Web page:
New to TVNZ+ in July

Sherwood, an acclaimed UK drama about a massive 2014 manhunt in Nottingham that has its root in the 1984 miners’ strike, and which the BBC has just renewed, will stream on TVNZ+ from July 12.

From writer James Graham (Quiz), who grew up in the area, it stars Joanne Froggatt, Lesley Manville and David Morrissey, and is loosely based on the true story of two unconnected murders that occurred in 2004.

“A multi-layered drama, with several sub-plots, two grisly killings and one foot firmly in a troubled past, this is chilling, clever and unmissable,” was the Daily Mirror’s verdict.

The Guardian said the BBC’s four-part adaptation of Kate Atkinson’s novel  Life After Life (July 8), which stars Thomasin McKenzie (Jojo Rabbit) as a woman who keeps on dying and being reborn, “is so full of grief it can feel overwhelming – but the anguish is irresistible“.

Hullraisers (July 13) is a Channel 4 comedy about the lives of three working-class women in Hull juggling work, kids, demanding friends, family and frustrating parents from the school playground.

Radio Times thought it “irreverent, but flawed” while Chortle observed “the naturalistic energy means the show is more likely to invite constant smiles than raucous laughter”.

The Resort (July 28) is a Peacock true-crime conspiracy series from Mr Robot creator-producer Sam Esmail that will unfold in two separate timelines over eight episodes.

It’s described as a comedic thriller that explores love, marriage and family vacations, set against the backdrop of the Mayan Riviera, where a married couple on the brink of divorce inadvertently becomes embroiled in one of the Yucatan’s most bizarre, unsolved mysteries.

Passport to Freedom (July 18) is a 2021 Brazilian miniseries about a Brazilian consulate in 1930s Germany who saved many Jews from prison.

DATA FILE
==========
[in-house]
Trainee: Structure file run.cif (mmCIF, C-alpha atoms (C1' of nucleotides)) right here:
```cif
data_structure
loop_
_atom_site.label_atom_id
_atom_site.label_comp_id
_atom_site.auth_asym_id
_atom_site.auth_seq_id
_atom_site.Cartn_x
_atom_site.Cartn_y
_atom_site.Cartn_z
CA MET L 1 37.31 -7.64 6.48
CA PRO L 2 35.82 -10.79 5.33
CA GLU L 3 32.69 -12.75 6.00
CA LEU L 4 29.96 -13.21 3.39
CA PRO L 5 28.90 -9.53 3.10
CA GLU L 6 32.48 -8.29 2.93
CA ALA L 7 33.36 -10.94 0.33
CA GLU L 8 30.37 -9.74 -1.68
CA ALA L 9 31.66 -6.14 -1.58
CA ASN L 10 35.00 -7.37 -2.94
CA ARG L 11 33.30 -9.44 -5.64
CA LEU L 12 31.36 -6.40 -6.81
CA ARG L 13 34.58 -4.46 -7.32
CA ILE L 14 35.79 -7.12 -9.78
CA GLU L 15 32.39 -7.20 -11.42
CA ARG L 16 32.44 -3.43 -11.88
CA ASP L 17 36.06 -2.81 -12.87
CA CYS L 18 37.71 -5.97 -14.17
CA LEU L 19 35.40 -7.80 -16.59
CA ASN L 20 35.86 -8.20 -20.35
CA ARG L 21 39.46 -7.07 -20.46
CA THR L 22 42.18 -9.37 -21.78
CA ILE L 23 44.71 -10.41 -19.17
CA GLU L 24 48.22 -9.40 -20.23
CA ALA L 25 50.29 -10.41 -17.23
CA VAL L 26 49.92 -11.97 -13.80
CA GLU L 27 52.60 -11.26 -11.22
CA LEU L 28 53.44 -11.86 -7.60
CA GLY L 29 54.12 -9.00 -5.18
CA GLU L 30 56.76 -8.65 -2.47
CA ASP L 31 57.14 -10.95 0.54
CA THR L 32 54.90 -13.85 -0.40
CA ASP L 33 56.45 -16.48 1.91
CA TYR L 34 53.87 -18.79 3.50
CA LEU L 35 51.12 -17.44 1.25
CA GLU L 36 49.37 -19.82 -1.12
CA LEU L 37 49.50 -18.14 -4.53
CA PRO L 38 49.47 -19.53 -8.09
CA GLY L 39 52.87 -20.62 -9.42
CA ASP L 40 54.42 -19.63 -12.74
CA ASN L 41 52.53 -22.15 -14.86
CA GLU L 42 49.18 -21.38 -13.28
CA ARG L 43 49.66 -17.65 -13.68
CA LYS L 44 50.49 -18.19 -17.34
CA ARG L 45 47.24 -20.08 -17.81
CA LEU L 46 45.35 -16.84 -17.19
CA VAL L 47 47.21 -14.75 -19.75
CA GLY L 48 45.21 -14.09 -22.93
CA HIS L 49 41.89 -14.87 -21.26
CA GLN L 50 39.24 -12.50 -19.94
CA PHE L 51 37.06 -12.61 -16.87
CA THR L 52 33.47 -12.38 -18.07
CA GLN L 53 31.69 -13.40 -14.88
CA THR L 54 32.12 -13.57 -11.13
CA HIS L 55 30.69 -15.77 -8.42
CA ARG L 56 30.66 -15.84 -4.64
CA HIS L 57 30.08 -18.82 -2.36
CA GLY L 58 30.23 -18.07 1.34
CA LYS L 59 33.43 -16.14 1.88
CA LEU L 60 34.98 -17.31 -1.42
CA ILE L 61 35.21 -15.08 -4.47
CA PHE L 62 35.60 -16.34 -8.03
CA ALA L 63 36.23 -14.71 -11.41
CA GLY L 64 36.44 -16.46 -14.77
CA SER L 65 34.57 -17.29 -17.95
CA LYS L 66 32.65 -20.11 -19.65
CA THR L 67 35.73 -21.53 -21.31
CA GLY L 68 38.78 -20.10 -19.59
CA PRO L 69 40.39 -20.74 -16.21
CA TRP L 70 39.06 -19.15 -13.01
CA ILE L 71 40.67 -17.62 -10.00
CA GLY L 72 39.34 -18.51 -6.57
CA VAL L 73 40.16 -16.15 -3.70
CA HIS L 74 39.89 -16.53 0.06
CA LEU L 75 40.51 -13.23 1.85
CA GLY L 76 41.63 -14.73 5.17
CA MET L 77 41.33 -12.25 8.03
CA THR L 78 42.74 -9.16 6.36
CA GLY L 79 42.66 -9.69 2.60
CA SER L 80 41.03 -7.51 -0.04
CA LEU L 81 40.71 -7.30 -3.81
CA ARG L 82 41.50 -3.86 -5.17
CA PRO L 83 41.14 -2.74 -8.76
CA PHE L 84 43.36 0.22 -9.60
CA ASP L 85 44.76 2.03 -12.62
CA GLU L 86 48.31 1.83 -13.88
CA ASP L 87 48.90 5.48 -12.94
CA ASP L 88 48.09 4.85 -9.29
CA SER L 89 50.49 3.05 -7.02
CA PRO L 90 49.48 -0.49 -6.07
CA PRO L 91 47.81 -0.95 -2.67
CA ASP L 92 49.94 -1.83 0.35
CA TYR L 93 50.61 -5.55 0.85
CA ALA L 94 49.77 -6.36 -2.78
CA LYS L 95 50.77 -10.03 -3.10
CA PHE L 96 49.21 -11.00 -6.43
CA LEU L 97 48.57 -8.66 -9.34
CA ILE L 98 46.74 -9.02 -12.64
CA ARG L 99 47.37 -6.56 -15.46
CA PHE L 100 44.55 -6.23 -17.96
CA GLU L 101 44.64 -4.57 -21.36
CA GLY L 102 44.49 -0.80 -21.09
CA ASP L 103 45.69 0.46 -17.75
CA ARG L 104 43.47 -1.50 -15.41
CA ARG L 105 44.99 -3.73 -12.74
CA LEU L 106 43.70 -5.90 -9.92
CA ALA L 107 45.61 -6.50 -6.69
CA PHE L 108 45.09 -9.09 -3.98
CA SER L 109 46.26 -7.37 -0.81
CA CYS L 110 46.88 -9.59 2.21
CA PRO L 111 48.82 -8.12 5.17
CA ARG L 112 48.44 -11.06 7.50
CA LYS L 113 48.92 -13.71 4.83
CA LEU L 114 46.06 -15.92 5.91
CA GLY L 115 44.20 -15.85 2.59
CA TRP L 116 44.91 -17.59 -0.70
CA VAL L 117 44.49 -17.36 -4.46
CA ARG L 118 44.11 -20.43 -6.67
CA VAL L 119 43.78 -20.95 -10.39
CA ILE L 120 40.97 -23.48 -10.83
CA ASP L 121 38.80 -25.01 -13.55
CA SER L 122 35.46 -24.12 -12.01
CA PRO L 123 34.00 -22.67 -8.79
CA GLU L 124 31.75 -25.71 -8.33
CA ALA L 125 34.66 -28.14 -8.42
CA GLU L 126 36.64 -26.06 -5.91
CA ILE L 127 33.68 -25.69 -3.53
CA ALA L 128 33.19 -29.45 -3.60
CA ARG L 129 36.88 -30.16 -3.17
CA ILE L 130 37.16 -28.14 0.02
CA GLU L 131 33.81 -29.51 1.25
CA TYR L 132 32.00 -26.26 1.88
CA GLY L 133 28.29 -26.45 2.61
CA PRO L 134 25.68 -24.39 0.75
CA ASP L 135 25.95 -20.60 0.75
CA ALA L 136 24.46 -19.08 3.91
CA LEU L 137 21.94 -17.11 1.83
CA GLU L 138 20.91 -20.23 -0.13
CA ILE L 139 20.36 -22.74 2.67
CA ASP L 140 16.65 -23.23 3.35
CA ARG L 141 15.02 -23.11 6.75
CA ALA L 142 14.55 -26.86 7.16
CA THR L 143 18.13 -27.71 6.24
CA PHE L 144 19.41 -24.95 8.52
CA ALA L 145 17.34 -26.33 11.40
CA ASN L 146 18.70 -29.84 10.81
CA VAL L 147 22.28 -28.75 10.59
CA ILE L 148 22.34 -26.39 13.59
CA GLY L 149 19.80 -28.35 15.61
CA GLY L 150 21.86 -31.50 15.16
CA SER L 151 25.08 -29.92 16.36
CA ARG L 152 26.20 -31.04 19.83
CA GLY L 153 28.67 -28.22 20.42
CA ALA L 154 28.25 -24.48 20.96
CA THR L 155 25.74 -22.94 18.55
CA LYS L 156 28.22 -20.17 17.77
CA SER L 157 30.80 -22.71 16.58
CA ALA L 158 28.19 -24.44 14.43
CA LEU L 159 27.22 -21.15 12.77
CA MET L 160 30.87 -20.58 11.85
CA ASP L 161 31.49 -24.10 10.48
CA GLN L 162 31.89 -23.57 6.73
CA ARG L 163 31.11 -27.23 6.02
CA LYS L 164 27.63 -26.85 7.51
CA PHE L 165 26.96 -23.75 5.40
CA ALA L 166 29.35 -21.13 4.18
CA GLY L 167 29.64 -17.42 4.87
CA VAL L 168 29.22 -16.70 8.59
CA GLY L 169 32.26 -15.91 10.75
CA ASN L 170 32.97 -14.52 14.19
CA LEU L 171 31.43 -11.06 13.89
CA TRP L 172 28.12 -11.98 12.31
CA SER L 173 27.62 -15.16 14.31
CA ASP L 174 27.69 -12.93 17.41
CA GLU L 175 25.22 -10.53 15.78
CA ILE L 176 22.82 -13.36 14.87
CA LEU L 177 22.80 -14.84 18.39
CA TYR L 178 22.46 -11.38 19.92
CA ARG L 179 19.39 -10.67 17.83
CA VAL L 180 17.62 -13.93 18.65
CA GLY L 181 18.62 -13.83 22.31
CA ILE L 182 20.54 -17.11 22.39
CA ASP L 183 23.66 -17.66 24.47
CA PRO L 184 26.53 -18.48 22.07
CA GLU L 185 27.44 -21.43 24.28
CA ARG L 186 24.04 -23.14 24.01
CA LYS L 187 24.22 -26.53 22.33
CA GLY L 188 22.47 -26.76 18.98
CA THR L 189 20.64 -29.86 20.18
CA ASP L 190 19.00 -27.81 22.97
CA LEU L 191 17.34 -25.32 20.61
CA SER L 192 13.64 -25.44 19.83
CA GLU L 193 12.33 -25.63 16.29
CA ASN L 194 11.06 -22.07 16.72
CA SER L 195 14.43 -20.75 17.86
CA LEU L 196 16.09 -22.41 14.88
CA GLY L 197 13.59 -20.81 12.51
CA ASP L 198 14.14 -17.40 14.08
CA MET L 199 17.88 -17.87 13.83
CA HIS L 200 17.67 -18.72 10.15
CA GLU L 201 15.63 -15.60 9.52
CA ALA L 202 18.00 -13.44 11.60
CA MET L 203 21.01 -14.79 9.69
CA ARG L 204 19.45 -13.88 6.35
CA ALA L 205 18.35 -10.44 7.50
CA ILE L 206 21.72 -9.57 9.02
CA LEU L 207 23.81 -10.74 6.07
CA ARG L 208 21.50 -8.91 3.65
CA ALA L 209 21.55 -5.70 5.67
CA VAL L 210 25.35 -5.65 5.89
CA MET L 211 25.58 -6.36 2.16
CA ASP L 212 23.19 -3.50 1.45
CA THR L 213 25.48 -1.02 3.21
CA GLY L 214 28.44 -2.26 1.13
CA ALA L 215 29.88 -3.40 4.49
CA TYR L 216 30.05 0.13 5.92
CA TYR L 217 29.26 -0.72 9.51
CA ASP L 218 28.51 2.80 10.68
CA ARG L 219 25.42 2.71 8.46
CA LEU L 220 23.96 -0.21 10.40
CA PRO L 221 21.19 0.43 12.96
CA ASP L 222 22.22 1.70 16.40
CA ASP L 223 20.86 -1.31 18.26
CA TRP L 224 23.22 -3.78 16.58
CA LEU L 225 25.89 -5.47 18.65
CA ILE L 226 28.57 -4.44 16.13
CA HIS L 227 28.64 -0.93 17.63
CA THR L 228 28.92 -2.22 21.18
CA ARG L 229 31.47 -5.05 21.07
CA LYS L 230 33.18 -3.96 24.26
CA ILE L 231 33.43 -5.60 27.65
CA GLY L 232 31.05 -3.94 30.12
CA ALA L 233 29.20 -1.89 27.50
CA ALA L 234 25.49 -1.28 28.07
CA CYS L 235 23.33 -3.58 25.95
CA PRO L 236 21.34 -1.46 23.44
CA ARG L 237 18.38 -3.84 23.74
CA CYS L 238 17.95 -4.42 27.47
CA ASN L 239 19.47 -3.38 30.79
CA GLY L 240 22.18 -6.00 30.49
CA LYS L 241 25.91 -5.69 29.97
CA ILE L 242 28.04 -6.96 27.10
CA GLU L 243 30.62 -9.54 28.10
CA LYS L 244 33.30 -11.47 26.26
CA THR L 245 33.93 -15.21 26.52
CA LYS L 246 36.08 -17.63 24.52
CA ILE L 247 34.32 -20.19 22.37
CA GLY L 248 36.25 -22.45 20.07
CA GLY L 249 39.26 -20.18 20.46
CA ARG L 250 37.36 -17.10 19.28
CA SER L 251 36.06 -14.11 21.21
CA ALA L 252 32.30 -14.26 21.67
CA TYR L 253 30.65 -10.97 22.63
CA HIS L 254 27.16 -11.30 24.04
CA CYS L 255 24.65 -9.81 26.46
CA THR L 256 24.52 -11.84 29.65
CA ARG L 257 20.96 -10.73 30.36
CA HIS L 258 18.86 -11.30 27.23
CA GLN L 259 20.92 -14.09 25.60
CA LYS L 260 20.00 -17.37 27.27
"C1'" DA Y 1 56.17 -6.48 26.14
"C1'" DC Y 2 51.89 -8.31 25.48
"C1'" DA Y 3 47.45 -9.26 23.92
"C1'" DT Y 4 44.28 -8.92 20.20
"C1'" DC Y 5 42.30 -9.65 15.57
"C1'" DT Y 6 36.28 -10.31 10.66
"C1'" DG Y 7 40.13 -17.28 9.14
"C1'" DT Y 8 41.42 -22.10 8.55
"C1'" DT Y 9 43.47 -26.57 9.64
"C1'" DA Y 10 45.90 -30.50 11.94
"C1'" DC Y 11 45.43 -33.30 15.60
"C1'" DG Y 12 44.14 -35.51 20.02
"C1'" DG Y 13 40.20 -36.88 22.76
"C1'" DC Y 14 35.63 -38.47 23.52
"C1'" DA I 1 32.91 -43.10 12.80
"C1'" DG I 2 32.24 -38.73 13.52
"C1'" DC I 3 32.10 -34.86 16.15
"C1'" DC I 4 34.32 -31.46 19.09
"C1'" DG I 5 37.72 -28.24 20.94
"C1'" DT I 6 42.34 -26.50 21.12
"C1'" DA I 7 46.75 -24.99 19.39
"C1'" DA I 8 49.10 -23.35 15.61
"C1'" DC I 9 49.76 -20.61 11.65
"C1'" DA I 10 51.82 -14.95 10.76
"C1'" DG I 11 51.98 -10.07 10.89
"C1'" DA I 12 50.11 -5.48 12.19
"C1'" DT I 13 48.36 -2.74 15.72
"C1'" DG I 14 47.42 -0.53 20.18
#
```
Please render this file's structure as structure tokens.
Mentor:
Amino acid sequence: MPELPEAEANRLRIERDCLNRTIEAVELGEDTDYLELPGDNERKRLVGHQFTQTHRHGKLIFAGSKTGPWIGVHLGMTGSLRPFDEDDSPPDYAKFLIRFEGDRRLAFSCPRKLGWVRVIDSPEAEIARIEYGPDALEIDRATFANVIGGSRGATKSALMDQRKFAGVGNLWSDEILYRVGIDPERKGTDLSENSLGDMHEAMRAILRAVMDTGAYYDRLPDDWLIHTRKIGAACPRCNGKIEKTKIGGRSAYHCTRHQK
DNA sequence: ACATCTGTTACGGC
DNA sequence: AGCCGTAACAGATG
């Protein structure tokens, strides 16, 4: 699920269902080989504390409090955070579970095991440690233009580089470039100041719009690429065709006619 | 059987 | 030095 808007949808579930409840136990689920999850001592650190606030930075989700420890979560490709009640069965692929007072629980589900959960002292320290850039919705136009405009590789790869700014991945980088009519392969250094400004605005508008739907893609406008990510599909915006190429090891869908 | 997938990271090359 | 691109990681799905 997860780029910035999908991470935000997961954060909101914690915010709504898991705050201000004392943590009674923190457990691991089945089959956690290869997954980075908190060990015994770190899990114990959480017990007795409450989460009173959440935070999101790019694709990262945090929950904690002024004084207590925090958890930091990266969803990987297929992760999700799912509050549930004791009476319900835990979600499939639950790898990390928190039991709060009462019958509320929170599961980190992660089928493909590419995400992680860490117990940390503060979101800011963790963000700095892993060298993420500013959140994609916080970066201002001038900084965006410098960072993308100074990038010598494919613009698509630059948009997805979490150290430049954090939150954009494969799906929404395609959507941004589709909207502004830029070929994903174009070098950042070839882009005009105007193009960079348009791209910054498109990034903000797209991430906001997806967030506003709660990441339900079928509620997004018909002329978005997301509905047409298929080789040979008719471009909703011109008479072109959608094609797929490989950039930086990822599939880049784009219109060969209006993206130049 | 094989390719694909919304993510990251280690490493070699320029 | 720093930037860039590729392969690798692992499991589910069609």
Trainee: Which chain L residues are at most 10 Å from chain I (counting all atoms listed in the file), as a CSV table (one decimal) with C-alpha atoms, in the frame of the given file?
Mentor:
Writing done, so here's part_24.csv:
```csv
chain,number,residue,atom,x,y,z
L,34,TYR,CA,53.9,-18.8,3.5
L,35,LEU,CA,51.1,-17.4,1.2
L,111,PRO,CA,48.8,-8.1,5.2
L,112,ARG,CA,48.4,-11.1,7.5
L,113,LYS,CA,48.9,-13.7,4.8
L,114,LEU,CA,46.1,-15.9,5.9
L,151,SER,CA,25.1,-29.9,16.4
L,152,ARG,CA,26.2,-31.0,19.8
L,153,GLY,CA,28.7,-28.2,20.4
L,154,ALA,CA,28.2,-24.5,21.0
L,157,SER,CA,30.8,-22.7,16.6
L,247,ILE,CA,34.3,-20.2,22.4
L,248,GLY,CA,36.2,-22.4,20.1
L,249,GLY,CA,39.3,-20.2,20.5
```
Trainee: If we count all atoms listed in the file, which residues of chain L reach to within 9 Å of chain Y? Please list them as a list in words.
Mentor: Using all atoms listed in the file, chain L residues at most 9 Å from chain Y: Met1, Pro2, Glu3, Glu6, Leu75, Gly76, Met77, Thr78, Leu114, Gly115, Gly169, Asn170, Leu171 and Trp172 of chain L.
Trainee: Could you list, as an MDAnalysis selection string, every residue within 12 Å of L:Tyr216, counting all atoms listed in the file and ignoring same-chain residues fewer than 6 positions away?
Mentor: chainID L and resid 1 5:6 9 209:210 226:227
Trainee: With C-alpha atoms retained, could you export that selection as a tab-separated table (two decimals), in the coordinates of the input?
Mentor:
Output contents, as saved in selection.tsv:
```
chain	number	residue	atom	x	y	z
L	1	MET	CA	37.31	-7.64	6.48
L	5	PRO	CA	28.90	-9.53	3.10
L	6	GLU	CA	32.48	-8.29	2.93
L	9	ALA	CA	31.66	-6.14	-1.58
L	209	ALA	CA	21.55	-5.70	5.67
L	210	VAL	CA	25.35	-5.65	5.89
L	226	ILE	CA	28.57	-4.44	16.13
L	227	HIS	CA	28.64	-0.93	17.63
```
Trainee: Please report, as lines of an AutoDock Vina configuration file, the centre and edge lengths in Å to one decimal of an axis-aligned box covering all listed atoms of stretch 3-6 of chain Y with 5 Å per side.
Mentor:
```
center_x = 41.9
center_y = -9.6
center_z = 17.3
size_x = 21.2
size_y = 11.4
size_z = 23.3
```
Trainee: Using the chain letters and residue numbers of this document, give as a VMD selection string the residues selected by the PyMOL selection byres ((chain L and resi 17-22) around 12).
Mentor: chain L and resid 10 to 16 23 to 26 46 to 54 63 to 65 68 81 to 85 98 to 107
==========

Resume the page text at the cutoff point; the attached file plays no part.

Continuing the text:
The Replacement (July 27) is a 2017 two-part psychological thriller set in Glasgow about workplace rivalry, motherhood and the issues that arise from making ‘the right choice’.

Other premieres will include Glastonbury 2022 Highlights and Glastonbury: 50 Years and Counting (July 14), true-crime docus The Case Died With Her (July 12) and Sins of the City (July 30), and the latest seasons of The Bachelorette (July 12), Rutherford Falls (July 29) and RuPaul’s Drag Race (July 30).

And if you missed its original run on Sky’s The Zone, S1-6 of Grimm will stream from July 13.

New to the branded channels from July 1 will be:

Adult Swim

Metalocalypse S2-3
Mr Pickles (finale)
Samurai Jack S1


Les Miserables
La Belle Epoque


Ready to Fly
Riders of Destiny
Clean Hands
On the Wild Side


Jodi Arias: Dirty Little Secret
A Day Late and a Dollar Short
Sins in the Suburbs
She Made Them Do It


Savage Wild S4
Wardens S3
Whitetail Nation S1


Camp Wannakiki S2b
Ruckus in Dutchess S1b
Out for Laughs S1b
F*cking Smart S1b


King Rocker
Outside the City
The Street
The Blood is at the Doorstep

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4 Responses to “New to TVNZ+ in July”

  1. Warning: preg_replace(): Unknown modifier '/' in /home/customer/www/ on line 66
    June 29, 2022 at 6:04 am

    Hi. I’m completely lost on A.P. Bio. I see it’s leaving Netflix in July. Listed on TVNZ+ as not available and S2 might be on Neon from July. Any intel on S3 and S4 for NZ? Many thanks.

  2. Hi Jon. S3 has aired on TVNZ 2 and streamed on TVNZ+. I’m not aware of S2 resurfacing on Neon. Given TVNZ’s NBCUniversal deal, I would expect all four seasons to pop up shortly on TVNZ+. But given the tangle of streaming and linear rights in a market where NBCUni spreads its content across multiple platforms, who knows for sure. Hope to have a definitive answer shortly …

  3. Hey, Jon. TVNZ has confirmed it no longer has the rights to AP Bio so it looks as if Sky will be picking it up under its Have sought confirmation from Sky.

  4. Well, Jon, Sky says it doesn’t have AP Bio in the pipeline, so perhaps it’s bound for Prime Video. In any event, its haphazard distribution here by NBCUniversal and unavailability on the two broadcasters with comprehensive NBCUni deals – Sky and TVNZ – highlight how fragmented – and frustrating – licensing rights have become in this market in the digital age.

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